Compositional variations on the Moon’s surface

Compositional variations on the Moon’s surface

Fig. 5.23 . This mosaic of images, taken through three spectral filters, shows exaggerated false-color differences in reflected sunlight in order to specify composition differences on the lunar surface. The image shows volcanic flows with relatively high titanium content (blue), volcanic flows that are low in titanium but rich in iron and magnesium (green, yellow and light orange), and heavily cratered highlands that are typically poor in titanium, iron and magnesium (pink and red). In this view, taken by Galileo on 7 December 1992, bright pink highlands surround the lava-filled Crisium impact basin (bottom) and the dark blue Mare Tranquillitatis (left) is richer in titanium than the green and orange maria above it. The youngest craters have prominent blue rays extending from them. (Courtesy of NASA/JPL.)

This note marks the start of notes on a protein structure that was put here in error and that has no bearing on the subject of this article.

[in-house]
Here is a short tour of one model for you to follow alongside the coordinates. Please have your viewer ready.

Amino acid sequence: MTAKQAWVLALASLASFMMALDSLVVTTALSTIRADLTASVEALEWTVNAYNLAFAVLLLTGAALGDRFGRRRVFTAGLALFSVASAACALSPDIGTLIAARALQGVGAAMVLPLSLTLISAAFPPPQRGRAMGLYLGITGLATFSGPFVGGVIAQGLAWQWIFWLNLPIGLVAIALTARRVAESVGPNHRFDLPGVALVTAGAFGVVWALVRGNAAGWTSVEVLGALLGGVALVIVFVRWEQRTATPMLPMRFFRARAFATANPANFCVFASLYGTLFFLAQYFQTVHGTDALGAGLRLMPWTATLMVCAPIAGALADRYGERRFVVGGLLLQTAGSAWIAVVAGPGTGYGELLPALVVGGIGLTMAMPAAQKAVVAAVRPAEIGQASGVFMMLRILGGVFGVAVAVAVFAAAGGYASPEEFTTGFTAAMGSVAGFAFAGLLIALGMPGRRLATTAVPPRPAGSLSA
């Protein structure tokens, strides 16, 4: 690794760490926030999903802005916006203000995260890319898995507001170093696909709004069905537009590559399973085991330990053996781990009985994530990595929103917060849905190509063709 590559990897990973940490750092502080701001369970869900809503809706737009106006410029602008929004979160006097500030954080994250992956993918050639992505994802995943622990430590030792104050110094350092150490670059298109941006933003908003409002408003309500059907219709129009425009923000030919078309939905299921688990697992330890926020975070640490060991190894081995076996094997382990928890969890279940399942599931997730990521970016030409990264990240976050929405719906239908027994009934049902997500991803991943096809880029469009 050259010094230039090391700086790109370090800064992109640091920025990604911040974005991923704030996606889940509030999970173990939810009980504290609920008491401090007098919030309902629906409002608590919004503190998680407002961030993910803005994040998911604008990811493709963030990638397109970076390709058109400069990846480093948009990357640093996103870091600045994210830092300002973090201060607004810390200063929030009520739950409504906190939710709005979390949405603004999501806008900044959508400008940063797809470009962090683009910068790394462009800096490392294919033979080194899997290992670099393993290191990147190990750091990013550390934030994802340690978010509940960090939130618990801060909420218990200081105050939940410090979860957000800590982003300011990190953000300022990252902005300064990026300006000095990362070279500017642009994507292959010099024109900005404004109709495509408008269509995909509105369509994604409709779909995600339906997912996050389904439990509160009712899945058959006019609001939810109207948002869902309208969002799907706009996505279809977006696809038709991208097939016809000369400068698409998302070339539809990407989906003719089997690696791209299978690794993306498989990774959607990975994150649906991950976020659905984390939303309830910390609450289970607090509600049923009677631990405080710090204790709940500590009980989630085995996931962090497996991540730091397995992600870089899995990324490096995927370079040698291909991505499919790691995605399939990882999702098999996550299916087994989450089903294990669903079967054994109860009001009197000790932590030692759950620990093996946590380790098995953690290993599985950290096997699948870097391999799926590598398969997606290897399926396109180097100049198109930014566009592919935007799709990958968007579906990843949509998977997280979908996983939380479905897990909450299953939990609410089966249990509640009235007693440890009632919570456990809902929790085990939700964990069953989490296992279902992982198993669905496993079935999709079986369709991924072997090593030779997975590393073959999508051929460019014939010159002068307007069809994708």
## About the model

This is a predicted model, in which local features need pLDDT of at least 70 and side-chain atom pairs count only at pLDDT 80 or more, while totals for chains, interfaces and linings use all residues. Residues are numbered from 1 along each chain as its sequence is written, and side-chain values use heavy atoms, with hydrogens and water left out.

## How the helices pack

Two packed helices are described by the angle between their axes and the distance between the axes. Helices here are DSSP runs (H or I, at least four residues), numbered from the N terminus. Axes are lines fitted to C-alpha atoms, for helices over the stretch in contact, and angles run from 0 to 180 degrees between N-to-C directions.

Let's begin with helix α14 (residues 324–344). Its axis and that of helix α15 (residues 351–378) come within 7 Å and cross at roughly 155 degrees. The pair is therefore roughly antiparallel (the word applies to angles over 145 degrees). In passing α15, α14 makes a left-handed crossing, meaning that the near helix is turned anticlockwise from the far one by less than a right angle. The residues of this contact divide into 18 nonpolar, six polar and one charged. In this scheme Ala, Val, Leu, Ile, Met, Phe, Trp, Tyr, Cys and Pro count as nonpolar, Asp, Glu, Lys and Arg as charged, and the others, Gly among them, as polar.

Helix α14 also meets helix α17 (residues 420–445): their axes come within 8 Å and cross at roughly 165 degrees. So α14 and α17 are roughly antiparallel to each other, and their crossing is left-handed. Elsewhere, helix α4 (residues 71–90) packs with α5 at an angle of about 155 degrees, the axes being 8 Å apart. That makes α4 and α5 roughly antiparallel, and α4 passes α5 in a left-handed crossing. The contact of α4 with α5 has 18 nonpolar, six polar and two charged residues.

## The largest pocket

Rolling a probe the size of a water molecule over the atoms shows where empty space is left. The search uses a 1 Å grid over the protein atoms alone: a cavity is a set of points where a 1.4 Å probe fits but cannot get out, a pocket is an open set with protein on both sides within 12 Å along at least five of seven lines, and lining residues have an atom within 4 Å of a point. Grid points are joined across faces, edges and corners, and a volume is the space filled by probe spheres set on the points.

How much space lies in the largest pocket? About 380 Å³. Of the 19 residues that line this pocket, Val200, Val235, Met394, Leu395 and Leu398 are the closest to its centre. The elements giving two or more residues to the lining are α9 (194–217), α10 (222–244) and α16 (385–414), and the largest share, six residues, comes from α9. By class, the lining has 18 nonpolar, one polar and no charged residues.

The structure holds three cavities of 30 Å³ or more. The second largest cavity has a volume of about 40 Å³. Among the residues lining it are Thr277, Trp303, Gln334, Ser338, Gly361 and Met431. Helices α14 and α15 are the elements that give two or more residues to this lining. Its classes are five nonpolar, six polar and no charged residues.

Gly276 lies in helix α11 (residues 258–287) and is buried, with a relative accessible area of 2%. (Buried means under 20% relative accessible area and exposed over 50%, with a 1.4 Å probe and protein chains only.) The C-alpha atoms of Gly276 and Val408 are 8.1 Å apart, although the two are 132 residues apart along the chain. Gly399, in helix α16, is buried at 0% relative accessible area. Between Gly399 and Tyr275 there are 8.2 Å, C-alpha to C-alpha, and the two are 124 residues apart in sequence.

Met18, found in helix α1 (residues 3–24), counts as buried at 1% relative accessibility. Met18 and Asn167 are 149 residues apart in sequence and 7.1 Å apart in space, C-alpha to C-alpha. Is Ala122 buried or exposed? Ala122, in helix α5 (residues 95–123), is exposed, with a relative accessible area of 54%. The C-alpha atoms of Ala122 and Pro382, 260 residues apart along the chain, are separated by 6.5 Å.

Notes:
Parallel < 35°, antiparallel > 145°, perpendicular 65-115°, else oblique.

Copyright 2010, Professor Kenneth R. Lang, Tufts University